Again, abuses appear to follow official exasperation over residents' intransigence in the face of submergence. Although submergence was predicted the following month, only 12 of 55 households in Manibeli had accepted government resettlement offers; five families in Vadgam also refused to move. May 28In Manibeli, police increasingly focussed their pressure on two community leaders, Narayanbhai and Keshubhai, apparently hoping that the rest of the village would then capitulate to government orders. Keshubhai told the NIHRP that the conflict began after local officials came to his house on May 28 and threatened and cajoled him and the village headman, Narayanbhai, into affixing their thumbprints on a contract indicating their agreement to accept government offers of resettlement. Keshubhai and Narayanbhai owned homes closest to the water level (these subsequently were submerged six weeks after the incident).

Keshubhai said he and Narayanbhai were forcibly taken from their homes, placed in the police van, and taken to Parveta, a resettlement colony:

The additional district collector and three policemen issued me and Keshubhai notices stating that our houses would be demolished on the 30th. They told us we had to examine the land we were to receive in compensation...and forced us to accompany them to Kevadia. Resistance was out of the question...they took me to the circuit house and Keshubhai to another house and refused to allow us to move.

Consequently, the men in the village fled into the forest for the entire week to avoid being forced to "sign" similar resettlement agreements. Only women and children had remained in the village, according to a human rights team that visited the village the next day.

Meanwhile, the Maharashtra state government on May 28 moved to impose prohibitory orders on Manibeli, effectively sealing the village from outsiders and restricting villagers from leaving. Authorities called into force Section 144 of the Bombay Police Act, which prohibits gatherings of more than four people; and Section 37(b), which gives police extensive powers to arrest and detain people and to prohibit political activities such as public meetings, slogan- shouting and entry of individuals or groups.

On May 29, a human-rights team found an "unnaturally high presence of hundreds, perhaps thousands of policemen" in Kevadia Colony, the town through which access to the dam site is gained. They estimated that some 800 police were called in from all over the neighboring state of Maharashtra for the operation with an additional 1,200 on standby. An officer from Bombay was reportedly brought in to supervise the IG forces.

That day, two journalists from the Bombay-based newspaper Mahanagar were stopped at a check point on the border of Kevadia Colony -- the main point of access to the river and to Manibeli and administrative center of the project -- and prevented from proceeding towards the dam site. A human rights team present at the time was informed by the supervising officer, Bombay Inspector-General Pathaniya, of that all private vehicles and autorickshaws were being stopped at the border of Kevadia Colony to prevent access to Manibeli. He told the team police were on a "persuasion" mission to convince tribal families to move out and that anyone associated with the NBA would be refused permission to pass.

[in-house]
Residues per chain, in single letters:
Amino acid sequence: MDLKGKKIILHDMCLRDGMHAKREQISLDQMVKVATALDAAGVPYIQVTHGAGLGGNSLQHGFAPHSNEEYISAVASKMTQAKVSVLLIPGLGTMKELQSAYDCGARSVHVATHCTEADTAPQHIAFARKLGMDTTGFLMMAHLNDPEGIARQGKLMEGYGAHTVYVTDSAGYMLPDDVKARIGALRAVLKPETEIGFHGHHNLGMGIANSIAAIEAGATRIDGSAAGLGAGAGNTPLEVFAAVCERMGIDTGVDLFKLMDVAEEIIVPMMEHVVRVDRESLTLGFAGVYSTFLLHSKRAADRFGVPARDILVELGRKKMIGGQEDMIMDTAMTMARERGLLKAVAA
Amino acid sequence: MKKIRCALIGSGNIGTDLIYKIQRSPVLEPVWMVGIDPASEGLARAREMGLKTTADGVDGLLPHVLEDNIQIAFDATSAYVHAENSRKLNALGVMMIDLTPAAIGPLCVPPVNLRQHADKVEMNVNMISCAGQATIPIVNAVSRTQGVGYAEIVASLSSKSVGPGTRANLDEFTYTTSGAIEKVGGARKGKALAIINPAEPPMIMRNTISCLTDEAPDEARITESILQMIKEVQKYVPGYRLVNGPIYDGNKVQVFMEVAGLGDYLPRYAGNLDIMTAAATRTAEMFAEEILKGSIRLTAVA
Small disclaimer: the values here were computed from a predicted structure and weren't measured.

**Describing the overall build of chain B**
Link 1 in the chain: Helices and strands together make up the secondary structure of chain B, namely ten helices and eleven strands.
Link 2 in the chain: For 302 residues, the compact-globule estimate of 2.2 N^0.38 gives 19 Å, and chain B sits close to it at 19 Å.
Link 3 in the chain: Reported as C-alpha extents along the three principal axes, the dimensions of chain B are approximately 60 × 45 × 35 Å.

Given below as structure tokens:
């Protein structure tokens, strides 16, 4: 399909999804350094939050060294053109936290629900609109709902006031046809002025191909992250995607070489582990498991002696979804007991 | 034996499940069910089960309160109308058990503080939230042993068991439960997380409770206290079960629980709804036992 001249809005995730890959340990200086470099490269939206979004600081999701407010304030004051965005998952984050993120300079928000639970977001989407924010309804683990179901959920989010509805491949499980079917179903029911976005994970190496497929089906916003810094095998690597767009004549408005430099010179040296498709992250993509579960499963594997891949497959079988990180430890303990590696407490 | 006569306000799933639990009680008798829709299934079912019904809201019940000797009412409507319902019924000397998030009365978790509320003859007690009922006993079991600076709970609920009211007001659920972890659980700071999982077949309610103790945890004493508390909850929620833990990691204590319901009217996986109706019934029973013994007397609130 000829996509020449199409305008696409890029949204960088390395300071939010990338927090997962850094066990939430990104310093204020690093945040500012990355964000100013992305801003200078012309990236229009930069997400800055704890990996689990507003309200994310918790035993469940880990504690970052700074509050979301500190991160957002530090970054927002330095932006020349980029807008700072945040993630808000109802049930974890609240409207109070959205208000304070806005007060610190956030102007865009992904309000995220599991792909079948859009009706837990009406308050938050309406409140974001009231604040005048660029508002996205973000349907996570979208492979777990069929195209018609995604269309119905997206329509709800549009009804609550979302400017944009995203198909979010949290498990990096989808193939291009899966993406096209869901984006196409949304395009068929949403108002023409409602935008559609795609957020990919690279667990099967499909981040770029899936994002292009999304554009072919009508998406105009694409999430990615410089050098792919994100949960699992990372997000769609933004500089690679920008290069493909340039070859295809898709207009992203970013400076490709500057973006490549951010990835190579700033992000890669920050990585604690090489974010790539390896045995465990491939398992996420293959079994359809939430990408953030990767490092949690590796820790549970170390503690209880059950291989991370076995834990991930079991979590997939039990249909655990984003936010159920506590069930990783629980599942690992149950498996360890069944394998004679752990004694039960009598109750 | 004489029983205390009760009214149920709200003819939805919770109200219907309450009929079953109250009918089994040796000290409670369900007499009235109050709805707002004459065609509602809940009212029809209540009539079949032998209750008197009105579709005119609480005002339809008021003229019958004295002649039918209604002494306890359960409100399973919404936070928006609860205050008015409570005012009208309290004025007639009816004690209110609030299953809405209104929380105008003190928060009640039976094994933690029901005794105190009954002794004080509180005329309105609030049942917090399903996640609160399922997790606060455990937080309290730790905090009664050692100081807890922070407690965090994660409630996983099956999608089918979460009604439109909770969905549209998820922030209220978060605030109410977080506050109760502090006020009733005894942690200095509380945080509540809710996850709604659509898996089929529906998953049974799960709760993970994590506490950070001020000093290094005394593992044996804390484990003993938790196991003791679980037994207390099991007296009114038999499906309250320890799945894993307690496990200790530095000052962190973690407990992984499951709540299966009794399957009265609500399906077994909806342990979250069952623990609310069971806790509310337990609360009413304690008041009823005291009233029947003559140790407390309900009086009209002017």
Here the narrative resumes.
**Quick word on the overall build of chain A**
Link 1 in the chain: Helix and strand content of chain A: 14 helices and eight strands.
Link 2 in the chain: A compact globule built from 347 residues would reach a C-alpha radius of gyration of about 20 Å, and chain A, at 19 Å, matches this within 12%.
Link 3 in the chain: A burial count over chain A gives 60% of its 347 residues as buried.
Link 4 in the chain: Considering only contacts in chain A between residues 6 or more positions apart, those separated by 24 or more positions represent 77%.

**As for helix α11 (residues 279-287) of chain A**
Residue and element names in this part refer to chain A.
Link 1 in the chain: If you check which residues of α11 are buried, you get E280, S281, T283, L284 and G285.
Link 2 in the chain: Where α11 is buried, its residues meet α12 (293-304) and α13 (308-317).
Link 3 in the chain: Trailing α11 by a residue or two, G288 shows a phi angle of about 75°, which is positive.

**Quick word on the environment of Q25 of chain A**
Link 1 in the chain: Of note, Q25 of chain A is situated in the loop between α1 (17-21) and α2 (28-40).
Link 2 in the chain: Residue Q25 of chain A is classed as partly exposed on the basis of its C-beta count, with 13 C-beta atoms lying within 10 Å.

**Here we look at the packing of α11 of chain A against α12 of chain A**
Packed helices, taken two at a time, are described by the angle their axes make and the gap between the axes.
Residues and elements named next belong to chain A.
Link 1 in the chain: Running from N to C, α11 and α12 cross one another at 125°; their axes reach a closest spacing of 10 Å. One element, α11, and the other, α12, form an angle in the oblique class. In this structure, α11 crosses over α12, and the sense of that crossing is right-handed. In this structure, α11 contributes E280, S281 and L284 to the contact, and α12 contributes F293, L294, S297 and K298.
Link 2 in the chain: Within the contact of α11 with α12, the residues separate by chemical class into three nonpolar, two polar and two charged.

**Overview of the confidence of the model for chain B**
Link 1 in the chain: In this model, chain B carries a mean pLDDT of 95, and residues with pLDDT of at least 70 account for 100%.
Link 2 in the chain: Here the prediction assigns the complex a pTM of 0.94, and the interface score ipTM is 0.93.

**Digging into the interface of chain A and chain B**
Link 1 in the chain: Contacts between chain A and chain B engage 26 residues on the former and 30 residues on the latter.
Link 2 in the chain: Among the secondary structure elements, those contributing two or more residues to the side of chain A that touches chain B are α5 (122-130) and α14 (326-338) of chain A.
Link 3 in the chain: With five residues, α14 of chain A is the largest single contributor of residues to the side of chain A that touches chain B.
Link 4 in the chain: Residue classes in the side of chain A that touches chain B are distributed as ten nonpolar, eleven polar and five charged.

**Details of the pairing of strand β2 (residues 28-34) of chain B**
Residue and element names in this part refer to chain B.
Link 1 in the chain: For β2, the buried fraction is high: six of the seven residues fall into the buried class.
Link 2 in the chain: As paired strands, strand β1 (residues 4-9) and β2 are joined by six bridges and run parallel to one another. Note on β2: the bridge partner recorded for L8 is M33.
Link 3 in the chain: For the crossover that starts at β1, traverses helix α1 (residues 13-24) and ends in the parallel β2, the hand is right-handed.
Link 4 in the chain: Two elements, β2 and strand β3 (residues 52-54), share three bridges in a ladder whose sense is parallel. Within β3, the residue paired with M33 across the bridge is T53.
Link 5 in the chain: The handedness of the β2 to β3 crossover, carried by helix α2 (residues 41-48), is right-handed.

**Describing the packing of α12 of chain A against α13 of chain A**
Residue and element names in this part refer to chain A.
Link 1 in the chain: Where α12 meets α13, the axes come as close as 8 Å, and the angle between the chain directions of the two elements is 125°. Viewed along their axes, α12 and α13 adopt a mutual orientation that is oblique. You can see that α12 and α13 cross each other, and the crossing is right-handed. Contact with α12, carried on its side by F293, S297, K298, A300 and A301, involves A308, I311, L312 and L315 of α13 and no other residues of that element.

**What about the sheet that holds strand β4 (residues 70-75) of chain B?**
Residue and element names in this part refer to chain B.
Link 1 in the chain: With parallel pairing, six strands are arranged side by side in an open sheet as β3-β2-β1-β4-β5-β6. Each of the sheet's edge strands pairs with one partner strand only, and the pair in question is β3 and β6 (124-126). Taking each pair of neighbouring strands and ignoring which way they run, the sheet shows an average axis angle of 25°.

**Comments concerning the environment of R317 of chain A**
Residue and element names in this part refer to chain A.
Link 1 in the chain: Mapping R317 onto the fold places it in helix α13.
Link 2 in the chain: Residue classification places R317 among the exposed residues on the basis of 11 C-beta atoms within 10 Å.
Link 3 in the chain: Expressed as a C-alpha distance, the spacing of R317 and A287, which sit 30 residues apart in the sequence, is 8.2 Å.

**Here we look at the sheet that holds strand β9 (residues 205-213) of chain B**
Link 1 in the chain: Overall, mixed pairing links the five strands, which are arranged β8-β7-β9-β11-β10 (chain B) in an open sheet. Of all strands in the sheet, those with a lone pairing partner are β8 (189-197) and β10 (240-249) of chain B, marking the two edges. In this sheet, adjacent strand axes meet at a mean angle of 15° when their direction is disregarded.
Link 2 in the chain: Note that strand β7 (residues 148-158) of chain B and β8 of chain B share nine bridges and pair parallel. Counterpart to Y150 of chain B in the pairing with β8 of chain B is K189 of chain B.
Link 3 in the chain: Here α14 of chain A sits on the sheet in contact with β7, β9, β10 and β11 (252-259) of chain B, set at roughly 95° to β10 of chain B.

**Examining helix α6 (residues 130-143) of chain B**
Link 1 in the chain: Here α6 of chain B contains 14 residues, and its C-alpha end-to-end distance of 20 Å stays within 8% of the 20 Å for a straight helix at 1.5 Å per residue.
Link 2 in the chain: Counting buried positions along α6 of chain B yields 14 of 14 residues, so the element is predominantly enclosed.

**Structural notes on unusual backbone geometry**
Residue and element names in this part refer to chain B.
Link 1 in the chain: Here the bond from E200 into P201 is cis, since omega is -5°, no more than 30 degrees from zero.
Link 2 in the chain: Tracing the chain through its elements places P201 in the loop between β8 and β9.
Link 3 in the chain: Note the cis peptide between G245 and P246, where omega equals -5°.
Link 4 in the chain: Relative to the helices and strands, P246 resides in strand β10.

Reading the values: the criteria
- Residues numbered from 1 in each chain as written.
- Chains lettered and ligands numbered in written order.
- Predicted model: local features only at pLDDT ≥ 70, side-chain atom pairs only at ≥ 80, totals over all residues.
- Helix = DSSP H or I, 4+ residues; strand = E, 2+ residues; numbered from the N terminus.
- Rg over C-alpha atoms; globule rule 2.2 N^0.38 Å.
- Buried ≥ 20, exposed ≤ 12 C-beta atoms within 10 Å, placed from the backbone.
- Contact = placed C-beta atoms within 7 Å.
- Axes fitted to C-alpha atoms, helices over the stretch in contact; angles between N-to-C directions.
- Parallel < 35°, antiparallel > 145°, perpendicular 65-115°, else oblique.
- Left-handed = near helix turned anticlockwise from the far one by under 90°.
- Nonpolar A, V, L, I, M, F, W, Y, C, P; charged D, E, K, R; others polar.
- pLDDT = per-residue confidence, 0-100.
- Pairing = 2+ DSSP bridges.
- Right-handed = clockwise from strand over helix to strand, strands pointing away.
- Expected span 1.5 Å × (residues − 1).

By mid-morning, between 600-800 police had entered Manibeli and Vamipada hamlets. With them were some 40 laborers, who attempted to begin construction of a road from one hamlet of the village to another. Villagers strongly opposed construction on the basis that just such roads were to facilitate access by logging trucks and transport of construction materials to a resettlement site. A group of women villagers (all men had fled) blocked their path, shouting slogans, and subsequently the construction team and bulldozer turned back. At the same time, a group of three village women successfully barred police from setting up camp near the NBA office.

The human rights team visiting the area spoke with the officials involved in operations at the police camp at their hilltop hamlet Patelpada later the morning of May 29. The team was not permitted to tape the interview or even to take notes. They recalled that officials complained that survey and resettlement work "was being obstructed by Andolan (NBA) activists and some local tribals" and that "the urgency of the situation demanded enforcement of law and order." Police superintendent I.B. Pathaniya also insisted that there were no plans to demolish homes or to arrest villagers.

On May 30, ten people were reportedly arrested in the village. That day, according to two journalists who witnessed the incident, police surrounded Keshubhai's house but were kept back by Kunta, Keshubhai's 15-year-old daughter.